Sex and gender in pediatric pain: Pain responses and parental modeling
Boerner, Katelynn Elizabeth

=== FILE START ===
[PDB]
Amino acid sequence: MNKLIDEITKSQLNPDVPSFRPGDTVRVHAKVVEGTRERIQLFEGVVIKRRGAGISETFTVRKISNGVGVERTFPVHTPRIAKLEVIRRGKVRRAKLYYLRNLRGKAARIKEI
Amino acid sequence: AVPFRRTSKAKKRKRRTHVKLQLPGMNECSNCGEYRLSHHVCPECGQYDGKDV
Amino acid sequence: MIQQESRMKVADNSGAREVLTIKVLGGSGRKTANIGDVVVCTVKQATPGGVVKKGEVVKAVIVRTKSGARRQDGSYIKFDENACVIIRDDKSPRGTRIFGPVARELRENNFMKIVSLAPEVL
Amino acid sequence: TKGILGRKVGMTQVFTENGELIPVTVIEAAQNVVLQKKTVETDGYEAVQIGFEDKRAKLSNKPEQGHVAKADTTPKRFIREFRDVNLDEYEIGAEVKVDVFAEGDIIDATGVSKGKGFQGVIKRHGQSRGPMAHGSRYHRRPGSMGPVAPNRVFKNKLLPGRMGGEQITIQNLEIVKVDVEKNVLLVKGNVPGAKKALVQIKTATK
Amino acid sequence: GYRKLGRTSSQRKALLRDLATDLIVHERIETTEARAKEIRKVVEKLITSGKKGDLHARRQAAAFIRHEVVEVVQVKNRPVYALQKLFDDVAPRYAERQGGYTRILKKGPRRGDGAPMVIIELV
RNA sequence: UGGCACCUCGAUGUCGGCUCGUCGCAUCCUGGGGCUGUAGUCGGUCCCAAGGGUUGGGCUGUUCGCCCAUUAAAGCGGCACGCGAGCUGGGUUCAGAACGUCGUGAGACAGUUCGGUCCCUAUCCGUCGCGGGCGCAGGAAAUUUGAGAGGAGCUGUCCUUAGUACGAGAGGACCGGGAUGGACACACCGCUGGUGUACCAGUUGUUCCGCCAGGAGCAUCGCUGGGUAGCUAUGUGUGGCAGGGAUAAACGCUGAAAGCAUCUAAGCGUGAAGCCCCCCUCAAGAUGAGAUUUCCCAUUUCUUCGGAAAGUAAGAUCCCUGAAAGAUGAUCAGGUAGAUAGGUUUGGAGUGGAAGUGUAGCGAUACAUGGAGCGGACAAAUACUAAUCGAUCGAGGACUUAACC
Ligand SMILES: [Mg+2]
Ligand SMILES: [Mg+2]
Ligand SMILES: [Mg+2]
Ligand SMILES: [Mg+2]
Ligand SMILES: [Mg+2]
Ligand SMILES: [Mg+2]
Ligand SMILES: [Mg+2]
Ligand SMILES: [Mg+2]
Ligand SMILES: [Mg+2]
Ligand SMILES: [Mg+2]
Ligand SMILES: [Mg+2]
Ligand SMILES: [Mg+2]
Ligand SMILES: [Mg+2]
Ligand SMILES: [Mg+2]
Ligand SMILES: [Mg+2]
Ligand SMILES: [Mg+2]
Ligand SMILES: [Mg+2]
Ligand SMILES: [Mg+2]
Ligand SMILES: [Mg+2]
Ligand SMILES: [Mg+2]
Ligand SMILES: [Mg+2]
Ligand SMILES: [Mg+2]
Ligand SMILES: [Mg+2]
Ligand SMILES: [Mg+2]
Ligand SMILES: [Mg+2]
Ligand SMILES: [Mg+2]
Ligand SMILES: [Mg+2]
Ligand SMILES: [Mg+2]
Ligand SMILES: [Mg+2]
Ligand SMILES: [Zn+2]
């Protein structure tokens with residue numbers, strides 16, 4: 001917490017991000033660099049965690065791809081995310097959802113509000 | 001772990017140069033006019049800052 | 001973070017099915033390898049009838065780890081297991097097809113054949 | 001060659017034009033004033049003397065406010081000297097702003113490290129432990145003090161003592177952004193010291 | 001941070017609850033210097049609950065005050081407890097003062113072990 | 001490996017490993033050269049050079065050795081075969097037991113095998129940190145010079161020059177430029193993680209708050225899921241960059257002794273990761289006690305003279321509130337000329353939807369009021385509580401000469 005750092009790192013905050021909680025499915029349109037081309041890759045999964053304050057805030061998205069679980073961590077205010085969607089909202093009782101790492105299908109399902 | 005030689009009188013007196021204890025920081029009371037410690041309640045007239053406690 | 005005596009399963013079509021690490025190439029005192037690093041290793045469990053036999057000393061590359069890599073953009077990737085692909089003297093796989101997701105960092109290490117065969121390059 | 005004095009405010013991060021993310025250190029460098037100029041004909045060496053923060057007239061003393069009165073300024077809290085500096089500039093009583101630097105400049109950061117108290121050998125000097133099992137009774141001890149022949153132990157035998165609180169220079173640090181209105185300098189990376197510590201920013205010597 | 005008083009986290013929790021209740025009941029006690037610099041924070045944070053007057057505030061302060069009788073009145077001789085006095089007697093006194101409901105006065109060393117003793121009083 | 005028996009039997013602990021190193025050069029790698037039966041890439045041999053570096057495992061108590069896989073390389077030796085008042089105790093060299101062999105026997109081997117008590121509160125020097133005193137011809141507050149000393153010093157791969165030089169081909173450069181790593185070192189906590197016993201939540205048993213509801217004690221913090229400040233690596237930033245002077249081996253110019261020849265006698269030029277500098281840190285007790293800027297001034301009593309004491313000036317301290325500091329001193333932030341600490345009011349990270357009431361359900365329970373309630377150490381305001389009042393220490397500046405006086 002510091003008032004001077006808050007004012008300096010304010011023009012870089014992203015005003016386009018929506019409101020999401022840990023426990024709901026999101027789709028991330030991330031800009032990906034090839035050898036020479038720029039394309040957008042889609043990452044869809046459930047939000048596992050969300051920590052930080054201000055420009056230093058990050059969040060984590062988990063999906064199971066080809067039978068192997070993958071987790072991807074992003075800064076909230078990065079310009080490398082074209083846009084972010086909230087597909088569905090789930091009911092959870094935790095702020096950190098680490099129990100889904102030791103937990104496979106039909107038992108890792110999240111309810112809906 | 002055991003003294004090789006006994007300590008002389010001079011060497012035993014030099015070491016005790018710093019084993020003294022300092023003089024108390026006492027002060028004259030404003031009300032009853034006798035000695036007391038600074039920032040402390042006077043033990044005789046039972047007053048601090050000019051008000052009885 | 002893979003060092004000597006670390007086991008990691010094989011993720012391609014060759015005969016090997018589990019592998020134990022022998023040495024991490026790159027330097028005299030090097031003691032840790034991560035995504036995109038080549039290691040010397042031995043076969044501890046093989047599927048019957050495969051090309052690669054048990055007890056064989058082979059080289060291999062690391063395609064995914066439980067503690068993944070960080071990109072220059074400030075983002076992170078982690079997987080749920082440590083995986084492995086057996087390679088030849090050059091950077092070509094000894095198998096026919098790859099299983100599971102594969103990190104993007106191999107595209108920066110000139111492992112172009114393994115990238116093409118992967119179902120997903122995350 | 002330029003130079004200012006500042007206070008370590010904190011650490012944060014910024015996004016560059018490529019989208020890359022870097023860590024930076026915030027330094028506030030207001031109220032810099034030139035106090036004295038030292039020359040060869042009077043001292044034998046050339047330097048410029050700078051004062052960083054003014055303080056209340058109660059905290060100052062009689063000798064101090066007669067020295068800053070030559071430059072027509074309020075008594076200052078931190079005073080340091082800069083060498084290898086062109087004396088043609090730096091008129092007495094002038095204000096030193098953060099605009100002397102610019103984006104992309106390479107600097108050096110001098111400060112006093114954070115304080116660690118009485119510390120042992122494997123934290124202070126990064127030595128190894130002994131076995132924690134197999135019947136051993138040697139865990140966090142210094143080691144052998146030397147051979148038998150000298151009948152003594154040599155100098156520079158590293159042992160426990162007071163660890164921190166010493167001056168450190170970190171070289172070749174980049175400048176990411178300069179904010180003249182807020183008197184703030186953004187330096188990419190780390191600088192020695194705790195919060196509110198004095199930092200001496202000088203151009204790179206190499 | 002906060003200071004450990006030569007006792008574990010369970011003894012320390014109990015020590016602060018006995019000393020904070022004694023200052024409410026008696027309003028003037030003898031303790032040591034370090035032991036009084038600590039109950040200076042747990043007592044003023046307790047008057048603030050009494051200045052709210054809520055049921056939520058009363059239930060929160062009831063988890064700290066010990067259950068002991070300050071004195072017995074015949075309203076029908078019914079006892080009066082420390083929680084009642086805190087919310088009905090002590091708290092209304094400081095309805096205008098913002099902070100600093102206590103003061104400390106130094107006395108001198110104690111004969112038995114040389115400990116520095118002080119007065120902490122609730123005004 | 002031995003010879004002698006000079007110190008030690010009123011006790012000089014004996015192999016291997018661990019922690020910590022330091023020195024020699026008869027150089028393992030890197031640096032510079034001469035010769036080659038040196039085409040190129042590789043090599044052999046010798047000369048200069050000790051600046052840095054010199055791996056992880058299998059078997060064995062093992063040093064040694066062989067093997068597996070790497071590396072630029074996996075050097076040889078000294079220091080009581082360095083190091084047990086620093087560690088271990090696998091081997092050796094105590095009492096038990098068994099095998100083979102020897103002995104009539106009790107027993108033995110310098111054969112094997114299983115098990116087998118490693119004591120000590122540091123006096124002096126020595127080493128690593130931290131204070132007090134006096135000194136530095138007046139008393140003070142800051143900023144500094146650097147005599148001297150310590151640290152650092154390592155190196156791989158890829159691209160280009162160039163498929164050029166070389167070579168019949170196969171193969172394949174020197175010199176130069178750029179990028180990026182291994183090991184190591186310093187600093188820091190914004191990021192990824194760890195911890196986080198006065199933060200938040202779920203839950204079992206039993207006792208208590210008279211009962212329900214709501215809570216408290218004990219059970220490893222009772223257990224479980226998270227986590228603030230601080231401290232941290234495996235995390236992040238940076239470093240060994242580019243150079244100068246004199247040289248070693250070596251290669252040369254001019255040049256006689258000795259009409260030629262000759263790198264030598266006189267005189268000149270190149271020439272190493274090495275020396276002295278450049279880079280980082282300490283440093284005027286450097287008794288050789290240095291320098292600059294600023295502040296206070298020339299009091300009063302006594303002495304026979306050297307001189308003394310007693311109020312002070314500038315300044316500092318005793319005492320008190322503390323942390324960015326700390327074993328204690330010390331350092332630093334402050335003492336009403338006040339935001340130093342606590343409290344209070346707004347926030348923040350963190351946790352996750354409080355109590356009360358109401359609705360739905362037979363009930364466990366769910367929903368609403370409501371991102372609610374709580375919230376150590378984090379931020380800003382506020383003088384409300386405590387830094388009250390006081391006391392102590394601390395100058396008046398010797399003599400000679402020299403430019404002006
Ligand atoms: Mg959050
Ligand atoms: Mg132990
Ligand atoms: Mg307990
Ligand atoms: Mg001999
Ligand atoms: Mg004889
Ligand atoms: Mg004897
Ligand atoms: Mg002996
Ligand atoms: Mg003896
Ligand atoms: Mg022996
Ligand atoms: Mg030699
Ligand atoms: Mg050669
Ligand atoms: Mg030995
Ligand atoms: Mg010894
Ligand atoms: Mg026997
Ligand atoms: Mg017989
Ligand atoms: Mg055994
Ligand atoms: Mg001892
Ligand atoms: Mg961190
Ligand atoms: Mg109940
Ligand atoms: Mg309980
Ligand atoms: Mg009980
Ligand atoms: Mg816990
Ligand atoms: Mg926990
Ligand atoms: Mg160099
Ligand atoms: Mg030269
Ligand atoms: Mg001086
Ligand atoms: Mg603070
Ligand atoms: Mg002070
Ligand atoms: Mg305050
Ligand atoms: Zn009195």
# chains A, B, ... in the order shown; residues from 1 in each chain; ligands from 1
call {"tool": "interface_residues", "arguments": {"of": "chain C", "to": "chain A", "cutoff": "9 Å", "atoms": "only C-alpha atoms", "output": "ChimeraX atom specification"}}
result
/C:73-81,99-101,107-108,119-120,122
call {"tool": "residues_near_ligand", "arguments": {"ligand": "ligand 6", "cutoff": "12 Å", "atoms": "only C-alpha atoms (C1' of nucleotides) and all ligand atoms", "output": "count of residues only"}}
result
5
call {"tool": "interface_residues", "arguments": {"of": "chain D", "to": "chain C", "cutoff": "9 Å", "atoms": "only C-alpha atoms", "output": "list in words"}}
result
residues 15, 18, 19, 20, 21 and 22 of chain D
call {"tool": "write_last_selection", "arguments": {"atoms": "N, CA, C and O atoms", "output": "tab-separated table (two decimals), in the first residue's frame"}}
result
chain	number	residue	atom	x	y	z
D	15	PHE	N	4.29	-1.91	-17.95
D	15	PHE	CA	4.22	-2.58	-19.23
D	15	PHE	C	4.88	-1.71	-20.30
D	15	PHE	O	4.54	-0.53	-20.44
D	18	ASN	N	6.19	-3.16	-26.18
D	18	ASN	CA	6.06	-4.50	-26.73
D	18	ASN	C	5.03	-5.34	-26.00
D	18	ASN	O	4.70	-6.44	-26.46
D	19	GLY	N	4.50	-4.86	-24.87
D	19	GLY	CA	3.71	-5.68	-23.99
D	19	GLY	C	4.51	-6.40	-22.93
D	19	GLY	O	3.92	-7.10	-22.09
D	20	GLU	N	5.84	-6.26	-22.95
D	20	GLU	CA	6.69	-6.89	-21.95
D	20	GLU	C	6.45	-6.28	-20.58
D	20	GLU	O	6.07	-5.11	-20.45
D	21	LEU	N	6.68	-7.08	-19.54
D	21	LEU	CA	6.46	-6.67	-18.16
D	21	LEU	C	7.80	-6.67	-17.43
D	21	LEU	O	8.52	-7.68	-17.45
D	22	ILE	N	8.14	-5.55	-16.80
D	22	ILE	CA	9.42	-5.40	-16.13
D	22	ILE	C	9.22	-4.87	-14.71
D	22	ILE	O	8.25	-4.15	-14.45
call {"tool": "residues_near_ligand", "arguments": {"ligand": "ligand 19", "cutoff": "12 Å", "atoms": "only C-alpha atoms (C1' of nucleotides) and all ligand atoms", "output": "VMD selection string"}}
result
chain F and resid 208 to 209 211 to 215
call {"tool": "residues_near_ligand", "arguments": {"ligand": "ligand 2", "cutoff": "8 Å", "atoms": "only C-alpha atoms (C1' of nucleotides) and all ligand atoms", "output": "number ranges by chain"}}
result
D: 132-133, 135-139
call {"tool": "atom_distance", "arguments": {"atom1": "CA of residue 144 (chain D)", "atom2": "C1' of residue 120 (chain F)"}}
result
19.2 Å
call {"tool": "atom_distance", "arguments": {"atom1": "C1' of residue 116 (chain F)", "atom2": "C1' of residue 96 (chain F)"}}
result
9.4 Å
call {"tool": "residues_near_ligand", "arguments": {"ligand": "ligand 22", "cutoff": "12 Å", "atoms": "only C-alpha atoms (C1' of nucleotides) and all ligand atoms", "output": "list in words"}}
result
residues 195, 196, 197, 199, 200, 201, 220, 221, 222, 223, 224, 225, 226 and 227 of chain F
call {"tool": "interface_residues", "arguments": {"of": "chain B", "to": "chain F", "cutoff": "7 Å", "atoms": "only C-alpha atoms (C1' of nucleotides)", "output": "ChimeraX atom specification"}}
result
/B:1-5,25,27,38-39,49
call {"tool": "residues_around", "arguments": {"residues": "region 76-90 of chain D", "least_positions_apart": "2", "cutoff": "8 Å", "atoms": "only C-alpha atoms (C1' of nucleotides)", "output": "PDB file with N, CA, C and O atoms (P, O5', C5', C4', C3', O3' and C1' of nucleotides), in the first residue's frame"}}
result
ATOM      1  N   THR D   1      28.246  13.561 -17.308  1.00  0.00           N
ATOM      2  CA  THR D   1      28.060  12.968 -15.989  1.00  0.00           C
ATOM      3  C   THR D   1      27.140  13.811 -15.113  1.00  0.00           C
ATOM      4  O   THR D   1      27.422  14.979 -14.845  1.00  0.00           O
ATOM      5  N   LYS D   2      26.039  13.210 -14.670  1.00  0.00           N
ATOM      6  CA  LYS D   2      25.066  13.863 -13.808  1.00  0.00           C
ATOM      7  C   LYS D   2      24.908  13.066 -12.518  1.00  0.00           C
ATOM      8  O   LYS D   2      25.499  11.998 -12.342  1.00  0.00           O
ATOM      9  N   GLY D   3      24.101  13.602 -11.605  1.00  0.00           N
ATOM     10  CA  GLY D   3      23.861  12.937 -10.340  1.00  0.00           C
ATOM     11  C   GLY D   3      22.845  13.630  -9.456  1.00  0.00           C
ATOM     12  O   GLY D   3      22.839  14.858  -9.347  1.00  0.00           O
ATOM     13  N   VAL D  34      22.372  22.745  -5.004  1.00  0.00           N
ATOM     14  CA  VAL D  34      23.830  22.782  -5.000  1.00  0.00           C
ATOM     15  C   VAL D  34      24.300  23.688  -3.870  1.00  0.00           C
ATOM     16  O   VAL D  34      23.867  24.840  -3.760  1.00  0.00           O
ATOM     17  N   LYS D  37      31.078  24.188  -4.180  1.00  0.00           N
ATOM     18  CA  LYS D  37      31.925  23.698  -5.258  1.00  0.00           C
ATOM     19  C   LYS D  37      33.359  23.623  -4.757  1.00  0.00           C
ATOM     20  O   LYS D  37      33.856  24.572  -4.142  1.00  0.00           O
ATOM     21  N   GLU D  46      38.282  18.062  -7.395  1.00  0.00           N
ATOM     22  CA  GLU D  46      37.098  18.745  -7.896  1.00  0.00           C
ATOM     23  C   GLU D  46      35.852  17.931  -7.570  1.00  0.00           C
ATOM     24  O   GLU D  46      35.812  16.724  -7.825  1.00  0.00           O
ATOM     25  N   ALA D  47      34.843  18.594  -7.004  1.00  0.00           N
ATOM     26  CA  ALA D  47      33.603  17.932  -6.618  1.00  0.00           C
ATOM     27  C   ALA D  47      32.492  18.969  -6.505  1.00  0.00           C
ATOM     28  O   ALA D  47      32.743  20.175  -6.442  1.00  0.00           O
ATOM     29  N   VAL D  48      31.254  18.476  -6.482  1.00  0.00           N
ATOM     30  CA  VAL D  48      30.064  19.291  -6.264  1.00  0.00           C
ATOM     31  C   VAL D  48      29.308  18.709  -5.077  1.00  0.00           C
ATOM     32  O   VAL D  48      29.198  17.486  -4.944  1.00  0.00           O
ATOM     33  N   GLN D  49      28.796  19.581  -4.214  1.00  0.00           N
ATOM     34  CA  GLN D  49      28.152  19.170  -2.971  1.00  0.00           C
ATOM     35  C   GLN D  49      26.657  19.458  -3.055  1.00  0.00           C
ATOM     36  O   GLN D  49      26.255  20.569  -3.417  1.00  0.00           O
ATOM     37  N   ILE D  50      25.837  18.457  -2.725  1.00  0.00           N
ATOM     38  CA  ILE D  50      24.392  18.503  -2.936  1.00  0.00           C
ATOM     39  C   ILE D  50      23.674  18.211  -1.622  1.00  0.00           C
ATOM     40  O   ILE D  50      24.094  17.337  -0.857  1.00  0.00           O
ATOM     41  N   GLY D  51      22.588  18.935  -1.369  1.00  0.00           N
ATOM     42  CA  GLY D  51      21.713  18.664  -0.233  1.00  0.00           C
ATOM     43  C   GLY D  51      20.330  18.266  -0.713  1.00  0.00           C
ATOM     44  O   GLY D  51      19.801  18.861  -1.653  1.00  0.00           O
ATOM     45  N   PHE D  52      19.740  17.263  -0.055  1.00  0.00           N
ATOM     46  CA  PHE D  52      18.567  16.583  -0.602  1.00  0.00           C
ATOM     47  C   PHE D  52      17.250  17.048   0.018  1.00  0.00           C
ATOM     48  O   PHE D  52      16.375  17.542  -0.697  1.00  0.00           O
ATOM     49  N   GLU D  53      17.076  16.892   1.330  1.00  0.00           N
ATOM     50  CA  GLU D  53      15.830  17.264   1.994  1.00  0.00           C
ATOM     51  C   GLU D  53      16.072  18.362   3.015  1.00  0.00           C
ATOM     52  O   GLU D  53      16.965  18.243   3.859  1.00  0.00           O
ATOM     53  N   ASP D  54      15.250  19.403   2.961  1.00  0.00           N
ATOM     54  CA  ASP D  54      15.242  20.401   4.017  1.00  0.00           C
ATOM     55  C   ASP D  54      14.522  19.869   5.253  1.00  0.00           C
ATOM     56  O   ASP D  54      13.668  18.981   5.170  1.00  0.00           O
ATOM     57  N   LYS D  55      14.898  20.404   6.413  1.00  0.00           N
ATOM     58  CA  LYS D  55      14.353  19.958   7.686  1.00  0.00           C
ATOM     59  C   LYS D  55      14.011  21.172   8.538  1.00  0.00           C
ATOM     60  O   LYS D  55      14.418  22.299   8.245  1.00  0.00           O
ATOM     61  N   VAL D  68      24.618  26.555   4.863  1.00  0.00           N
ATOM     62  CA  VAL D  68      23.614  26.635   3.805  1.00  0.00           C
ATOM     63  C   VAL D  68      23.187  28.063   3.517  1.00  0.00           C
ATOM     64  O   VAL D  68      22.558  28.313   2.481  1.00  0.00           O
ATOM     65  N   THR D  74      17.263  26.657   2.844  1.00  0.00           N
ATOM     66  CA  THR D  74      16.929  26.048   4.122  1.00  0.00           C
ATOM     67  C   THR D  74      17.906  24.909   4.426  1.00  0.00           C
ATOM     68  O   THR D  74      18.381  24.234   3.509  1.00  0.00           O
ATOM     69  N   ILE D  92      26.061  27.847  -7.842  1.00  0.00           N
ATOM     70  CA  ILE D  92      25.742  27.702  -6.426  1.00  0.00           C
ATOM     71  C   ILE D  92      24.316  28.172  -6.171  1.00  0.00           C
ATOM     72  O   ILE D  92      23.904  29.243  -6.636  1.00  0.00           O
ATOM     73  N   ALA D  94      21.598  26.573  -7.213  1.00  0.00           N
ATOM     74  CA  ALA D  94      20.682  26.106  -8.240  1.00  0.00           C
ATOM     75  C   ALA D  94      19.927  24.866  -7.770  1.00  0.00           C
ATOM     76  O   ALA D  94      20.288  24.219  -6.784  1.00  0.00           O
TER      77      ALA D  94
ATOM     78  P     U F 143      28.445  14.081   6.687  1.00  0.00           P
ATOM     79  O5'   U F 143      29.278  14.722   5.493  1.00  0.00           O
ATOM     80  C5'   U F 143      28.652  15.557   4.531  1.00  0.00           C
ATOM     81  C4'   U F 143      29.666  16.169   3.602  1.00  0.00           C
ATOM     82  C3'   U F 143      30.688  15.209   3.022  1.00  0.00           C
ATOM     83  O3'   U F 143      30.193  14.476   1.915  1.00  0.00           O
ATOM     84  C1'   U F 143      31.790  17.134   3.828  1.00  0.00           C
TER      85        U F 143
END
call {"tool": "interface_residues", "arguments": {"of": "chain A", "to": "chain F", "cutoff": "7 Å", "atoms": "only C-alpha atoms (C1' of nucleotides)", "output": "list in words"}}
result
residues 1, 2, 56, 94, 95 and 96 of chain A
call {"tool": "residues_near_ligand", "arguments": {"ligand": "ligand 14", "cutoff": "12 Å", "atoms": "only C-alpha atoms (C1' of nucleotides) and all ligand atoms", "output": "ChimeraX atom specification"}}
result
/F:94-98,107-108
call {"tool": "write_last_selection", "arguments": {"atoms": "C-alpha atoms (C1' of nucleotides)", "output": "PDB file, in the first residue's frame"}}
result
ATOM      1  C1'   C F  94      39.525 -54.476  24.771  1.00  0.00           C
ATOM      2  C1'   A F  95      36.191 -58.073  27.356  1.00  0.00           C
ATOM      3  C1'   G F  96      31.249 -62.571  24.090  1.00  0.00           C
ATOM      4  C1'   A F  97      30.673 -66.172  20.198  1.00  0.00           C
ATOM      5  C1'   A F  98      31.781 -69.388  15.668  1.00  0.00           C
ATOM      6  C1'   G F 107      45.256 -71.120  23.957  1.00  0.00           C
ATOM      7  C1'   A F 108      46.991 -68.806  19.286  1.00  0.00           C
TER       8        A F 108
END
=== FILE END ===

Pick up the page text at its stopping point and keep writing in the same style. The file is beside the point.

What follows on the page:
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Sex differences in pain are well-studied in the adult literature. Women generally demonstrate greater sensitivity and response to painful events, though the strength of the effect differs based on the type of pain and social context. The role that sex (i.e., biological/physiological characteristics of men and women) and gender (i.e., behaviours considered socially appropriate for men and women) play in children’s pain has not been systematically examined. Moreover, the role of parent and child sex in parental modeling of pain behaviours on children’s pain has not been investigated. The present dissertation addressed these gaps through: 1) a review of the existing literature on sex differences in children’s experimental pain; 2) a laboratory-based study to examine the role of sex in the impact of parent pain expression on child pain; 3) an exploratory investigation of the role of parent and child gender in children’s pain; and 4) a critical analysis of sex and gender research in pediatric pain. A systematic review and meta-analysis of sex differences was conducted of 81 studies of experimental pain in healthy children and adolescents. Overall, no sex differences were observed with the exception of cold pain intensity, where girls reported significantly higher pain intensity than boys in studies where mean participant age was >12 years, and heat pain threshold, where boys demonstrated significantly higher pain thresholds than girls. To investigate the role of sex in children’s learning of pain behaviours from their parents, 168 parent-child dyads (6-8 year old children; 50% fathers, 50% sons) completed a laboratory-based study where children observed their parent’s reaction to the cold pressor task, and then completed the pain task themselves. Unbeknownst to their child, parents were randomly assigned to exaggerate or minimize their facial expression, or act naturally during the pain task. Children whose parents exaggerated their expression of pain reported greater anxiety prior to completing the pain task. Additionally, girls who observed their parent exaggerating their pain response self-reported greater overall pain intensity than boys in the same condition. An exploratory analysis of gender found that anxiety in girls was predicted by their self-reported femininity. This research highlights that some sex differences may be present during childhood and adolescence, that parental modeling of pain behaviours may impact their children in a sex-specific way, and that gender is associated with certain pain-related responses.